Part 3

How do you see the relationship between the 'sound' aspects of music and the 'composition' aspects? How do you work with sound and timbre to meet certain production ideas and in which way can certain sounds already take on compositional qualities?

In a way I would say that I am a fairly conventional producer in that I have instruments, I play them, find something good, record it, and try to preserve it in the post production process as good as I can. My instruments are synths, but it’s not too different from working with acoustic, traditional instruments. I love to record “finished” sounds with reverbs, delays, distortion, whatever it takes. So what I hear when I’m jamming at the studio is pretty much what you get when the tracks are finished.

Other producers don’t value the initial recording so much. They take whatever source, go on a fishing mission, apply whatever processing they want and ultimately come up with something they like. It’s a great way of working, and I’m not saying one is better than the other, but this doesn’t seem to be my path. I’m getting bored, I’m getting confused after a while, and I see no point in being careful during the recording process when what you intended to be a bassline might end up as some tiny, sparkling crackle on the left channel. Like I said, this is cool for many people, but I don’t like it so much for my own work.

That said, I started to experiment with effects pedals very soon after starting to play electric guitar. To me what I played was always only one side of the coin, how it sounded was just as important. Adrian Utley, the Portishead producer and guitarist, has been a huge inspiration here! He is playing all these simple, repetitive things, but they always have tone, heart and character in spades! Sometimes the sound design becomes part of the composition. The reverb was what inspired me for the main melody of ‘Stars’. Without the reverb it sounds boring and stupid, but with the reverb it just starts to bloom. In the end my tracks are fairly “composed” as a result. It is less of a sonic collage, and more of a composed piece of music. But this should not sound like I don’t care about sound or sonic details! I have chosen all my instruments and sound processors because they give me a certain something.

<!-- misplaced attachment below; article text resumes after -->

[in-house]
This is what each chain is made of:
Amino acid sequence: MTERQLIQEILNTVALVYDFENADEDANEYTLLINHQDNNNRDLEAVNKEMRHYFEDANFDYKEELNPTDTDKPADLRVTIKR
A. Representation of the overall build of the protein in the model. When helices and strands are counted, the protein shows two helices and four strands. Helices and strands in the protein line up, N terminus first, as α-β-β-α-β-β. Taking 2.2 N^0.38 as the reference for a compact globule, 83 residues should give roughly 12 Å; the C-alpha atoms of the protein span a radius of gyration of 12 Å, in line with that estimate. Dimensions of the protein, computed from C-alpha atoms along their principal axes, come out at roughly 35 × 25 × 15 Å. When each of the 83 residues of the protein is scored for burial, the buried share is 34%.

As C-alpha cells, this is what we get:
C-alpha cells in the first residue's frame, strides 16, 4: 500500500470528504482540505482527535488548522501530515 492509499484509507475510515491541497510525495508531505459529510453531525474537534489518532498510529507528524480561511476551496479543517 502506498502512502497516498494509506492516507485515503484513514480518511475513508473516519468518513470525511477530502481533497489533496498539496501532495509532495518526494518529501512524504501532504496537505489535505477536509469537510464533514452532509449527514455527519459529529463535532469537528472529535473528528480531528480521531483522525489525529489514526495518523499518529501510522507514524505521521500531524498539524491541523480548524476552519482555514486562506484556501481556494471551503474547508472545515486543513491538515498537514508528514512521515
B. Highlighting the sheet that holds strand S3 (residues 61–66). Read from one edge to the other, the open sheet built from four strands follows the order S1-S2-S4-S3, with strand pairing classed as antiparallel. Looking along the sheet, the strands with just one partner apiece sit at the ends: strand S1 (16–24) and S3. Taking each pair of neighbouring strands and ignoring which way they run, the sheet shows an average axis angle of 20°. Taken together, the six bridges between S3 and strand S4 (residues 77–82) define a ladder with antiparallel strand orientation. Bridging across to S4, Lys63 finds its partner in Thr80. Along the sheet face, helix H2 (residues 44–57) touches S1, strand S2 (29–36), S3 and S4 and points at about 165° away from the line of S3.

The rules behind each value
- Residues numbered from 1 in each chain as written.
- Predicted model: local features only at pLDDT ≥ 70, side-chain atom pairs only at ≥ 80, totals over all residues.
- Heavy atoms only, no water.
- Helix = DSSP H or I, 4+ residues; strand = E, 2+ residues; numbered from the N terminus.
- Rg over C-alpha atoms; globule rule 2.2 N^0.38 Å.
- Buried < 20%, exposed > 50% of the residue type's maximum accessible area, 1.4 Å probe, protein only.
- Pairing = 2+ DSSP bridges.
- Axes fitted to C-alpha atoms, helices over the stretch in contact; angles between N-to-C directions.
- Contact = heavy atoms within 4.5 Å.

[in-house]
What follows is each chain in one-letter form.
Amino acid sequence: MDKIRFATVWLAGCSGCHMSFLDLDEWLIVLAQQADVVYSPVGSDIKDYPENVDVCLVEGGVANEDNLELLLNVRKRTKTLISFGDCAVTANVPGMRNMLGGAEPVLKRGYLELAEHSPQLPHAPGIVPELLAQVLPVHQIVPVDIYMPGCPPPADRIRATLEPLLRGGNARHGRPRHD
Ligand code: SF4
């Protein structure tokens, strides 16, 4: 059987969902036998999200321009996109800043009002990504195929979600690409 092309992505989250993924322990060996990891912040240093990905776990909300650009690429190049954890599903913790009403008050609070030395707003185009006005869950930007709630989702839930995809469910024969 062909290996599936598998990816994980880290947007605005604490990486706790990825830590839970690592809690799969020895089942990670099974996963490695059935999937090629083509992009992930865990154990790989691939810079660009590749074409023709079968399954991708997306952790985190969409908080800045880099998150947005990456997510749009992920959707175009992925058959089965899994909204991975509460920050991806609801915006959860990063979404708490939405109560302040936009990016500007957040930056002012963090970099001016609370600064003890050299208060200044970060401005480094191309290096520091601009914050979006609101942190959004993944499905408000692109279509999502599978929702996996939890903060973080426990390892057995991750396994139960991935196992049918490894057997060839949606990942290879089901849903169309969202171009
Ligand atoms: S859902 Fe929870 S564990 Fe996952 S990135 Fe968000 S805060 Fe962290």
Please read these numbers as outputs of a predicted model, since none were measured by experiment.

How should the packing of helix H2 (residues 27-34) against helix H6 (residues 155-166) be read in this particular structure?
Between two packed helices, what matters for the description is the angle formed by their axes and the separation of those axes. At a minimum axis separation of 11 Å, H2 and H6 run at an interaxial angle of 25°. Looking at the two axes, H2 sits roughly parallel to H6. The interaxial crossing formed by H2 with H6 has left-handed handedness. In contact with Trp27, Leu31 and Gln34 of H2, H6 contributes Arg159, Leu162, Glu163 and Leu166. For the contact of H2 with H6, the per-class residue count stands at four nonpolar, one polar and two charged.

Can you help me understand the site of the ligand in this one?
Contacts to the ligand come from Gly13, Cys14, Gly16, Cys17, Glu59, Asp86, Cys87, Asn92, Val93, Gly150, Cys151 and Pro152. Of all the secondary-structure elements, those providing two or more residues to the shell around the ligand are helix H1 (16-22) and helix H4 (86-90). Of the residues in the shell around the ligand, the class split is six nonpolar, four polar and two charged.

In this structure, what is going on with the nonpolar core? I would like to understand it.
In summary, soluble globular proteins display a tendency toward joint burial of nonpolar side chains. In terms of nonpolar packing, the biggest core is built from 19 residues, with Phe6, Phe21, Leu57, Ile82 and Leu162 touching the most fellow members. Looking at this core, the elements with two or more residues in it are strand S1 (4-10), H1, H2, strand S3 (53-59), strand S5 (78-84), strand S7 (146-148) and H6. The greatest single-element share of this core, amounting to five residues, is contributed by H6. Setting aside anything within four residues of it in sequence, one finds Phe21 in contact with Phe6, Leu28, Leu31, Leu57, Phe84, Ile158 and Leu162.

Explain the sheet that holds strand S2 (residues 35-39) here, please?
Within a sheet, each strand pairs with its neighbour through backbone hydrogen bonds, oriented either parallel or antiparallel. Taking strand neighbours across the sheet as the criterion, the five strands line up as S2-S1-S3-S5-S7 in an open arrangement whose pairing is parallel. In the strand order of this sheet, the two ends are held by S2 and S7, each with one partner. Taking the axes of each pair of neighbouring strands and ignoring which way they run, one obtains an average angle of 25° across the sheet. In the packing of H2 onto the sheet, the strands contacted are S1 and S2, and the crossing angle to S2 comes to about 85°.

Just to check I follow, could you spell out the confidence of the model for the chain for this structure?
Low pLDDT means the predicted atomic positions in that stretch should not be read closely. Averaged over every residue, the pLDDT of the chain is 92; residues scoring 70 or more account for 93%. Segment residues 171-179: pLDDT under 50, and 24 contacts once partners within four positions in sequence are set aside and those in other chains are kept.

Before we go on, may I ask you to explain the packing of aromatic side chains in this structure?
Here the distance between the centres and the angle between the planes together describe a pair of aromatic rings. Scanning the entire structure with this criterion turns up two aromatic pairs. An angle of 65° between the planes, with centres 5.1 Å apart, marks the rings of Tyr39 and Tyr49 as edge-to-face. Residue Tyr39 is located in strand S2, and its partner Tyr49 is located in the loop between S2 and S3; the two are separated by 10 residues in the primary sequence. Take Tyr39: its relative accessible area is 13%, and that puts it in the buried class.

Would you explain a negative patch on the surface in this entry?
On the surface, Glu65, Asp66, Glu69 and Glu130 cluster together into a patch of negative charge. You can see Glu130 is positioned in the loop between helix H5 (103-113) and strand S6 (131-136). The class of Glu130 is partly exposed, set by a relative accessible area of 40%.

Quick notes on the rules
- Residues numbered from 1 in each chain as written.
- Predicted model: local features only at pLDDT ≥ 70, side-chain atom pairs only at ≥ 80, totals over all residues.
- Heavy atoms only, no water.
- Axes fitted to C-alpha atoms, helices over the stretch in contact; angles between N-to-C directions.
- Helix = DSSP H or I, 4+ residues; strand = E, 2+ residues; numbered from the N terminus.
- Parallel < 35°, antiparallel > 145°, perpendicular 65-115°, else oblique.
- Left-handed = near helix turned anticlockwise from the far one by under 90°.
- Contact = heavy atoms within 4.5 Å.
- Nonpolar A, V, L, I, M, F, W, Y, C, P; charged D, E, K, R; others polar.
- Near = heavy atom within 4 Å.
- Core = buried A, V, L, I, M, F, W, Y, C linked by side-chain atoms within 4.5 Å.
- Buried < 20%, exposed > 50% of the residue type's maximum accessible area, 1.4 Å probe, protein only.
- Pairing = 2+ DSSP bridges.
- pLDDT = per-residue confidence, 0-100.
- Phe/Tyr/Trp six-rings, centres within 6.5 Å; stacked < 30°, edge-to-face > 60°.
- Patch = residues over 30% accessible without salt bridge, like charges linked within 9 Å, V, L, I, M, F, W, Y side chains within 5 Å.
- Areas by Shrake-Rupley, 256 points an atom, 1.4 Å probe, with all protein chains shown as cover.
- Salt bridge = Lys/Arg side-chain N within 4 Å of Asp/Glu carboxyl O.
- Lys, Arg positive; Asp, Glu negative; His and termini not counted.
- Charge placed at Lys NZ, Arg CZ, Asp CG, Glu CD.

Our sense of hearing shares intriguing connections to other senses. From your experience, what are some of the most inspiring overlaps between different senses - and what do they tell us about the way our senses work? What happens to sound at its outermost borders?

You may have gotten this idea already, I am a very visual person also, and I almost started a career as a painter and sculptor when I was in my early 20’s, so I like all these visual metaphors, and I am using them all the time. I like to think of sound as three-dimensional sonic sculpture unfolding in real-time, and basically just in our minds: “the greatest art form that doesn’t exist”.

Of course, when making electronic dance music, there is a very physical, visceral component, too. The feeling of the bass in the body is priceless, and in that sense club music cannot just be heard, it can also be felt. What I love about sound is that our auditory senses are basically hard wired to our motherboard; it’s a very ancient thing.

In evolutionary terms our sense of hearing has been a very important tool for us to survive. We humans tend to orientate a lot with our eyes, but we don’t have 360° degree vision, and this is where the ears come into play. The way that our audio perception works it has been designed to warn us from dangers we can’t see, to give us a sense about the direction where something is going on, and it does so with extremely fine resolution. Our eyes can only detect 12 frames per minute as discrete steps, that is a frequency of 12 Hz! After that it becomes a continuous motion to us. A seemingly fluid movie frame rate is double this amount, 24 Hz, and that is just barely above the perception threshold of our ears, which go all the way up to 20,000 Hz. That’s a remarkable resolution, extremely precise on the time scale! Extremely short run-time differences, phase shifts, ultimately give us directional hearing. These things are so fascinating to me.

Art can be a purpose in its own right, but it can also directly feed back into everyday life, take on a social and political role and lead to more engagement. Can you describe your approach to art and being an artist?